To add to the pile, this past weekend I took a day trip to another city with some friends. Our train was scheduled to leave the station at 6:15 AM. I ended up running late in the morning and, by that, I literally mean running. I had to run close to a mile from my apartment to the nearest metro station (Grazhdansky Prsopekt) and arrived to Ploshad’ Vostaniya at 6:07… eight minutes before my train was supposed to leave. I sprinted from the train in the metro and up the escalator. Now might be a good time to inform you that the metro in St. Petersburg is one of the deepest metros in the world; on average, it takes three minutes to travel up or down the escalator, so you can imagine how difficult it was to run up this escalator. I fell not once, not twice, not three times, and not even four, but five times as I desperately tried getting to my train. Out of breath, I reached my train with two minutes to spare…
It’s moments like these that drove me absolutely insane when they were happening, but I have been able to take something specific from each of them.
Sure, not every moment has been glossy or “perfect,” but I still wouldn’t trade any of these experiences for the world. It is in these moments that I’ve grown and become more grateful for this semester.
“Tolerance for Adversity and Uncertainty” – Sometimes traveling requires some acrobatics
In a backpacking course, I was once taught about the principle of Tolerance for Adversity and Uncertainty. This is the practice of being tolerant of any form of adversity in any situation where there might be uncertainty. This means you are adaptable and ready to handle any situation. I think is an important mentality to have when studying abroad.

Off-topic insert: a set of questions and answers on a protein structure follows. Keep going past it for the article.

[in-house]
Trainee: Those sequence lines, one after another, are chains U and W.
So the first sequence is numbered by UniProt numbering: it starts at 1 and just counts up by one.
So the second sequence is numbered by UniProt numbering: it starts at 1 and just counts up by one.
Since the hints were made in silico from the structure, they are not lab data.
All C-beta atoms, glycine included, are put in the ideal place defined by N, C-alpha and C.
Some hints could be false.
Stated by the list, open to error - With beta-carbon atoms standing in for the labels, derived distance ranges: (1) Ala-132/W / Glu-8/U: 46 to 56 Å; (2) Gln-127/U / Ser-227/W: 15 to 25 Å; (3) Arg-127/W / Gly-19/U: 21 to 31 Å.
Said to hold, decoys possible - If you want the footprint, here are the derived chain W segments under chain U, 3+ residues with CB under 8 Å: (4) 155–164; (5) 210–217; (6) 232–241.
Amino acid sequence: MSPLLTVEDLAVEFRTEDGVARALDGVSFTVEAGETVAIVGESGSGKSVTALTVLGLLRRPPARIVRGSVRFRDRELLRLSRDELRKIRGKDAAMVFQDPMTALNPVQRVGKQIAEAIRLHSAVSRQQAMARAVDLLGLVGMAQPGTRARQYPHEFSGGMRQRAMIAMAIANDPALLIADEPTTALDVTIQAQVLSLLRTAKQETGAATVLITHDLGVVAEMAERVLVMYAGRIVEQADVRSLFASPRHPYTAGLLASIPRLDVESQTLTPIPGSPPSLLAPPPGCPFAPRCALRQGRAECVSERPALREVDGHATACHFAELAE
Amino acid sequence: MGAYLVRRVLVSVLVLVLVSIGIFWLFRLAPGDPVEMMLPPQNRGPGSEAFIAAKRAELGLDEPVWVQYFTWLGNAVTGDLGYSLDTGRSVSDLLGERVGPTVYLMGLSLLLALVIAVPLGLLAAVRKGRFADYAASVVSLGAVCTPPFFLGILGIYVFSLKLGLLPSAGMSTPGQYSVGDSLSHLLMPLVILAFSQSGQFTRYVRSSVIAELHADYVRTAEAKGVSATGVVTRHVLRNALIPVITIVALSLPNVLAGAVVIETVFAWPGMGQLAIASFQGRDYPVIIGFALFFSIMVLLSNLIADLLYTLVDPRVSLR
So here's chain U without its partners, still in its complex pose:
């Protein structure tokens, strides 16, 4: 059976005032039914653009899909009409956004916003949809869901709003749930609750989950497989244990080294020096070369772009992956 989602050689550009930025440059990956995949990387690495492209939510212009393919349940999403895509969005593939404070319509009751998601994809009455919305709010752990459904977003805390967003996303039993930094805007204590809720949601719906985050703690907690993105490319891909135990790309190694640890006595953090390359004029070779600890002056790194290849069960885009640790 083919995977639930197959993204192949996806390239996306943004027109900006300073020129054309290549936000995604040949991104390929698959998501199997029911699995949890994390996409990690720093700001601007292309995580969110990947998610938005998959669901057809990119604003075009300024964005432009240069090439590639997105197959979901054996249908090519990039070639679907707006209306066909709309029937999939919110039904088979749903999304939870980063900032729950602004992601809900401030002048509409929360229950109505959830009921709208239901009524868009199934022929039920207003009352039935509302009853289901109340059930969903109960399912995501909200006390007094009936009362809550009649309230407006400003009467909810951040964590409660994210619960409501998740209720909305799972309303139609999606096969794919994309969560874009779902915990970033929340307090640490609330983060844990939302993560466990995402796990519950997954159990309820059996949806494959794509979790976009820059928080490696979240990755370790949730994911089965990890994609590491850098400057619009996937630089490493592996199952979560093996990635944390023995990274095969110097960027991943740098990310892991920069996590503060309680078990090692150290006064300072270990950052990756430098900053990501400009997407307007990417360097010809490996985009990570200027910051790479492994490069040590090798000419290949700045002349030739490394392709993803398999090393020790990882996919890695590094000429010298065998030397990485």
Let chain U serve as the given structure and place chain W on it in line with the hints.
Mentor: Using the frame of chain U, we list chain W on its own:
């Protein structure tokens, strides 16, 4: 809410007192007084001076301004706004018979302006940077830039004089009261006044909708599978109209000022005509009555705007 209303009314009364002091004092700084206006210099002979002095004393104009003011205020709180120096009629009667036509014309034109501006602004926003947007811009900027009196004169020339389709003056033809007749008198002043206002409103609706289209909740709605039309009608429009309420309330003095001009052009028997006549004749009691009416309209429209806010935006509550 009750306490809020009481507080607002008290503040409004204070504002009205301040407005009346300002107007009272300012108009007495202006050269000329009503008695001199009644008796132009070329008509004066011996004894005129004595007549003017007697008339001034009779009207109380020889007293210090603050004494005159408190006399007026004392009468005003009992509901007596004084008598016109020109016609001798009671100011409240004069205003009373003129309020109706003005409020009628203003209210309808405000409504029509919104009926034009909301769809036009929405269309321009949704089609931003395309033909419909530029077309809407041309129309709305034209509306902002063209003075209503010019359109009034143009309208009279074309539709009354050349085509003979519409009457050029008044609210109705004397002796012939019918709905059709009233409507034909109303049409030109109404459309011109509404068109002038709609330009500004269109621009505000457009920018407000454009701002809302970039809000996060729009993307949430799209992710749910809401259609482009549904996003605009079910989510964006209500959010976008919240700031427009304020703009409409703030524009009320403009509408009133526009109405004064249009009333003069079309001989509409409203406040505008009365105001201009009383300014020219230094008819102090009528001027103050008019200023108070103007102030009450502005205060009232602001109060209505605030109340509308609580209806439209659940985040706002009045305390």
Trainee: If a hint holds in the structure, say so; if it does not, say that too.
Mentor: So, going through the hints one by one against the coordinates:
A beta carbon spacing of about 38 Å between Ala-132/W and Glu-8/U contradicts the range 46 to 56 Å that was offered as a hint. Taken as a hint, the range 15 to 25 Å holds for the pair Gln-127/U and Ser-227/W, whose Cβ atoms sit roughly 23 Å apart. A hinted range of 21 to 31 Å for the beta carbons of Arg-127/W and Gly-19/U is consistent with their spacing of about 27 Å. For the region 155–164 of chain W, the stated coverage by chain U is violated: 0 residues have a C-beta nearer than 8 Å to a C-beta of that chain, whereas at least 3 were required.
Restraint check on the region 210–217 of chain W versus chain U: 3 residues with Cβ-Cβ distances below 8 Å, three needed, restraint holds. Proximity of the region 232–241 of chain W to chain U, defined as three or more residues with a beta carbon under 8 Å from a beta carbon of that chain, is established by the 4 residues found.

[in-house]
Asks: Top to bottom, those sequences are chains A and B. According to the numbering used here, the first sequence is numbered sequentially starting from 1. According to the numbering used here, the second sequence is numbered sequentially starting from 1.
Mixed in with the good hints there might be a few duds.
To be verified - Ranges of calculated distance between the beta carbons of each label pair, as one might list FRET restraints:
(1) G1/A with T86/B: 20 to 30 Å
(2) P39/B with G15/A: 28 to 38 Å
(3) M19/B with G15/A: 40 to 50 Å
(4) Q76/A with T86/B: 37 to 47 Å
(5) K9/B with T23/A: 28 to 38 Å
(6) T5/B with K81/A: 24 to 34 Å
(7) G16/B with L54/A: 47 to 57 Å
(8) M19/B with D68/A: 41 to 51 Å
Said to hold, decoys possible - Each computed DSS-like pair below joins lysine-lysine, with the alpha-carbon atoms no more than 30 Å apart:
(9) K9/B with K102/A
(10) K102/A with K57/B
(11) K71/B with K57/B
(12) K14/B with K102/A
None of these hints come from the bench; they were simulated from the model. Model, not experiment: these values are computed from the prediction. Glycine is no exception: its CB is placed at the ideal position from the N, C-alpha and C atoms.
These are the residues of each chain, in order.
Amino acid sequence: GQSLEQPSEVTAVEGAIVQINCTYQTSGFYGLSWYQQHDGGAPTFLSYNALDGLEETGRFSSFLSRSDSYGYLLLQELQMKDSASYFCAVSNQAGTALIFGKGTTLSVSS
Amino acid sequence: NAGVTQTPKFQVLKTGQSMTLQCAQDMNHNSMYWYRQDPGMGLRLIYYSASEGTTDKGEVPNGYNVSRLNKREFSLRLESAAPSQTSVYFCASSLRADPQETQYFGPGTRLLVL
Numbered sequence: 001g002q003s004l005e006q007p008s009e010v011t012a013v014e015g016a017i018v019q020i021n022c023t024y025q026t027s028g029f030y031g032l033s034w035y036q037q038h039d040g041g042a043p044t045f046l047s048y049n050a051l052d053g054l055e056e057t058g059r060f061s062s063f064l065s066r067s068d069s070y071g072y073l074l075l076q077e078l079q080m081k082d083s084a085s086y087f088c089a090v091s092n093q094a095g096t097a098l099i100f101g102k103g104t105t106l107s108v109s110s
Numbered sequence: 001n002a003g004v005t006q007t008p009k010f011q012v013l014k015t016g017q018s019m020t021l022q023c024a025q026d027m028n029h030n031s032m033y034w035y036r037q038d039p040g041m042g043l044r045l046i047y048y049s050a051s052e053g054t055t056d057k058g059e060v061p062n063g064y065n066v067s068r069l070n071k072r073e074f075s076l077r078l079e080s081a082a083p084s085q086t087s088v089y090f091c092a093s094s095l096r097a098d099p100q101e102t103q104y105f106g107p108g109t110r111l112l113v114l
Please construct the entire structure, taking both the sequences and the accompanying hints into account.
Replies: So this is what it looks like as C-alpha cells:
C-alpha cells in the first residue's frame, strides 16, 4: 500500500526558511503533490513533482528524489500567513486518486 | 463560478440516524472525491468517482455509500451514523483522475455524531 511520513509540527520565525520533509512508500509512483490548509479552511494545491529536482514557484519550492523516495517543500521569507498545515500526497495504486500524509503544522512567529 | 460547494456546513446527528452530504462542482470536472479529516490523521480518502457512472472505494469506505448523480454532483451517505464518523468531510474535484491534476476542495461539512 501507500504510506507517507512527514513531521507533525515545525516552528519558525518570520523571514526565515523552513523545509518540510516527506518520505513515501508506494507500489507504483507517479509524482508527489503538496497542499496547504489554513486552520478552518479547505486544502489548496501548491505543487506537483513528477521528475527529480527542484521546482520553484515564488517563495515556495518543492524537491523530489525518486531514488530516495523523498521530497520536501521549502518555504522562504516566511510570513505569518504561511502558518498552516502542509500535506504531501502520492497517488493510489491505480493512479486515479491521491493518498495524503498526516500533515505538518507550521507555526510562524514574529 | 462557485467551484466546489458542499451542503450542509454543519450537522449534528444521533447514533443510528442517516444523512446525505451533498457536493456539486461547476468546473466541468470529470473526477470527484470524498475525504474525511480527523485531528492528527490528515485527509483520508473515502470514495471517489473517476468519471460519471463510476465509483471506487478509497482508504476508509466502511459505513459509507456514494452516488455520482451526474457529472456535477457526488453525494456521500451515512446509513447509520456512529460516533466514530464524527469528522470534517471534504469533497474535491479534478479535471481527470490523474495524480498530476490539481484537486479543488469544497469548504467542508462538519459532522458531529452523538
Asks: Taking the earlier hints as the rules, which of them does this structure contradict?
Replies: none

Studying abroad is a wonderful experience, but it is important to understand that there will be difficult moments, frustrating situations, and times where you will have to improvise. Sometimes, things may not turn out “perfect,” it is important to be flexible, make the most of an opportunity, and take something from the experience and grow as a person.
“Pulling a Maria?”
During many of these difficult situations, I found myself asking the question, “what would Maria do in this situation?” Maria is a close friend of mine from back at home and is without a doubt one of the most positive people I know. I was fortunate enough to travel to South Africa with her last summer and she truly taught me to make the most of every situation.
Maria always encourages me to get out of my comfort zone, to try new things, and to smile as frequently as I can. Maria is one of the most curious people I know and would fearlessly talk with anyone about anything. In South Africa, she always encouraged me to talk to strangers, to learn their stories, and not be afraid of new opportunities.
During my study abroad experience in Russia, I’ve been trying to live by this mantra of “Pulling a Maria.” If you are studying abroad, or thinking about studying abroad, I encourage you to try and live by this mantra to. Go out! Explore! Don’t sit in your dorm, apartment, or homestay all day, watching Netflix! Talk to new people! Make new friends! Take full advantage of your time in the place you’re studying. I encourage you to pull a Maria and embrace your adventurous side.
This is your semester abroad. How will you choose to spend it?